Watch Out for Domain Name Scams!
Since I host over 50 websites, I get a lot of questions from my clients about domain name renewal e-mails or letters. They usually say “Domain Expiration Notice”. A lot of these are Domain Name Scams trying to make money off your business. Please read on for advice on how to avoid these scams.
What is a Domain Name Scam?
A domain name scam is when a different domain name registrar company attempts to generate revenue by tricking businesses into buying, selling, listing or converting a domain name to their business.
The Biggest Domain Name Scam
Domain slamming – is a scam in which the offending domain name registrar attempts to trick domain owners into switching from their existing registrar to theirs.
One of the Biggest Offenders is Domain Registry of America
They will use public information to find your domain name and business address. Then they send you a letter that looks all too official about your domain name expiration. See picture.
The Hook: Domain Name Expiration Notice
At the top of their letters the heading reads “Domain Name Expiration Notice”. They trick you into thinking they are the official company that controls your domain name and that is not the case. (If you don’t know who is ask your website designer or IT person.)
The Domain Registry of America informs their targets that their domain name is about to expire, and this is probably true. They make sure to sneak it in before your actual domain name registrar contacts you about renewal.
Beware of Email Phishing Attempts About Your Domain Name
You might also get e-mails that state: “Domain Notification: This is your Final Notice of Domain Listing” or “Don’t lose your domain name”.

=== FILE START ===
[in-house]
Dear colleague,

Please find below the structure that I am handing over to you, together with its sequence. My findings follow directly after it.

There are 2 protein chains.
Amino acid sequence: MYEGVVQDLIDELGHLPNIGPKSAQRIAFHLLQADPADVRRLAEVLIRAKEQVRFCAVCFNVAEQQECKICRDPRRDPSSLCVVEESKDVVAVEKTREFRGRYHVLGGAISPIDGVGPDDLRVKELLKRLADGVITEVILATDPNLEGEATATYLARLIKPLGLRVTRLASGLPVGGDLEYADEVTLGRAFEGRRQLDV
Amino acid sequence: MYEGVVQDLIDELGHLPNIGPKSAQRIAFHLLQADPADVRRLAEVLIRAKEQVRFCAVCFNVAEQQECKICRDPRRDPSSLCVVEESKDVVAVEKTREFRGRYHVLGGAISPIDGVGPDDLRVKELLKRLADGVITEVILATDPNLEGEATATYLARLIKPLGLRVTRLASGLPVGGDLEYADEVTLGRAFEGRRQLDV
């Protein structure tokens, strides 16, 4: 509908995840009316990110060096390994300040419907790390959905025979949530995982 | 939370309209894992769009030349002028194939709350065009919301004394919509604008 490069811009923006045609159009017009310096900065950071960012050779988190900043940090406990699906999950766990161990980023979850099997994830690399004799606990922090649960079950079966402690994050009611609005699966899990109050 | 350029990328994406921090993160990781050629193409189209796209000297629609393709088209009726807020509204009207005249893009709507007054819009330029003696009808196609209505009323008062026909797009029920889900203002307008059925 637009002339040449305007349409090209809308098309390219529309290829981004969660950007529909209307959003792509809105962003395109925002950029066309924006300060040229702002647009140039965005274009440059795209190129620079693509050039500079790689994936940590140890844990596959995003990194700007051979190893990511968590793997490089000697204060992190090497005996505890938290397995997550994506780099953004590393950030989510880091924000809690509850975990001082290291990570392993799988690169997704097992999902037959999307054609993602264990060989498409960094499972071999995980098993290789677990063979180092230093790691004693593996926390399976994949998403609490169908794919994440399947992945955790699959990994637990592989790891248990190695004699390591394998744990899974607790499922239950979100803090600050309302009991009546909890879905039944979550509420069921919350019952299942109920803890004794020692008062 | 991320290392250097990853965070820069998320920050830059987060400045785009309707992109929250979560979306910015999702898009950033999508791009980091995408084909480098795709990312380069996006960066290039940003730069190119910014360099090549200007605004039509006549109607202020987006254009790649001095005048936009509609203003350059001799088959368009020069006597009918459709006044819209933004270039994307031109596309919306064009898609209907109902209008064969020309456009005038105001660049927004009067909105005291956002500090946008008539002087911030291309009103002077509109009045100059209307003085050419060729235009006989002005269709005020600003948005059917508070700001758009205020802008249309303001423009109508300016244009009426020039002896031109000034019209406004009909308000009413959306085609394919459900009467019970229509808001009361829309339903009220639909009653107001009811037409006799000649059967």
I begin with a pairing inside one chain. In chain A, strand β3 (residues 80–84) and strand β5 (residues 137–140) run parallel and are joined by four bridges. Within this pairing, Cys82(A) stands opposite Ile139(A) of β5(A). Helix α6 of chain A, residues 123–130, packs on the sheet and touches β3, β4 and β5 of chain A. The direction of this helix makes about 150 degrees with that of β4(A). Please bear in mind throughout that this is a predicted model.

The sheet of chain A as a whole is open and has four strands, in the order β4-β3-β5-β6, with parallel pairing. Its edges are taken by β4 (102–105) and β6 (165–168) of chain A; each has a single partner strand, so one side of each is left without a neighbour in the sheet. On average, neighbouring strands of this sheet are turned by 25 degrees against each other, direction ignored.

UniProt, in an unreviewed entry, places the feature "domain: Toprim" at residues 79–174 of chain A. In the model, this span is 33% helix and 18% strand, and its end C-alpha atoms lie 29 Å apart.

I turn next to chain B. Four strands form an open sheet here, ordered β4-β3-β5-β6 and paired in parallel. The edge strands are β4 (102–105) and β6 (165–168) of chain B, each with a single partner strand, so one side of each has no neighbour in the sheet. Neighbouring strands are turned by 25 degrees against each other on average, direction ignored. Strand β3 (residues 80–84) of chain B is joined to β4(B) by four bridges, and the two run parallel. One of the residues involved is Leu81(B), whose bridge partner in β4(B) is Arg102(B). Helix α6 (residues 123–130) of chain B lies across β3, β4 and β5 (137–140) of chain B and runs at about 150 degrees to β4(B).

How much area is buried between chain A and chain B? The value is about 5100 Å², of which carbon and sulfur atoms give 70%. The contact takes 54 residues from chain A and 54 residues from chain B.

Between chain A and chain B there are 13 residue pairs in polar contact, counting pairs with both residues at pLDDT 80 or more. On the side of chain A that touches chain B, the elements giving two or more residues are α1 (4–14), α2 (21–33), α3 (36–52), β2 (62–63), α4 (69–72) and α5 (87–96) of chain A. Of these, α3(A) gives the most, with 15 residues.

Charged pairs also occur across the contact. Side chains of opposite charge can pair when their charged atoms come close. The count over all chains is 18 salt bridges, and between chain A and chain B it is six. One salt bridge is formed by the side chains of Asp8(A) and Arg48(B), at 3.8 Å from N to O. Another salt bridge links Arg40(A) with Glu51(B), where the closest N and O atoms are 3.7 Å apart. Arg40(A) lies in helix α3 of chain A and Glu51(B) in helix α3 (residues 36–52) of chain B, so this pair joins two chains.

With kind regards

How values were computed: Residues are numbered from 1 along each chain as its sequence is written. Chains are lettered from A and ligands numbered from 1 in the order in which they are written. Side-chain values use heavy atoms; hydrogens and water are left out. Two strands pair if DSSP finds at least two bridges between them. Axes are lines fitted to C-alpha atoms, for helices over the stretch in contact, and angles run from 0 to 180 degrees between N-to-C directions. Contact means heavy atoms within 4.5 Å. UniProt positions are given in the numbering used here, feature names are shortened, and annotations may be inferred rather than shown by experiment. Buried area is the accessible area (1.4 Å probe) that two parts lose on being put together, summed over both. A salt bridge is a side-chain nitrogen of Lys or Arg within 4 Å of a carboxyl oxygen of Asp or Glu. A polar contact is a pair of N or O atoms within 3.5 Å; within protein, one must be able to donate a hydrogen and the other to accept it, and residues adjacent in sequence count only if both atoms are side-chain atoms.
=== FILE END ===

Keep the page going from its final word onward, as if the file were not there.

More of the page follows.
I’ve even seen what looks like e-mails from Go Daddy or Network Solutions, your real domain name registrars asking for your login or account details.
How to Avoid Domain Name Email Phishing Scams
- Never click on any links in your e-mail or reply with your account details.
- Always look at the e-mail address, not the subject line or e-mail content. A dead giveaway it’s a scam is a strange or funny looking e-mail from address.
- Example: GoDaddy12@gmail.com. When GoDaddy or other real companies send you an e-mail notice it will say “From: GoDaddy – firstname.lastname@example.org“.
- If in question call your domain name registrars support number, login to your account and review your domain name status or use their live chat to ask questions.
Final Thoughts & Suggestions to Avoid Being Scammed
- Know who your hosting provider is (i.e. GoDaddy, HostGator, BluHost). Keep this in your computer files or documents along with the login information.
- Domain names cost on average $10-15 a year, so they are relatively cheap, but losing them can be very costly. Hence, I tell all my clients to buy or registrars their main business domain name in chucks of 5-10 years.
- In Addition, most of the time you’ll get a volume discount on the per-year cost by renewing your domain name for multiple years.
- In conclusion, recognize renewal messages from your real registrar only, never reply directly via e-mail, letter or click on a link of a unknown company.
- Most importantly never click on a link in your e-mail if your not 100% sure it’s ok.
I hope this helps you avoid any scam related to your domain name or hosting company.
You can contact me if you ever have question about these domain name scams.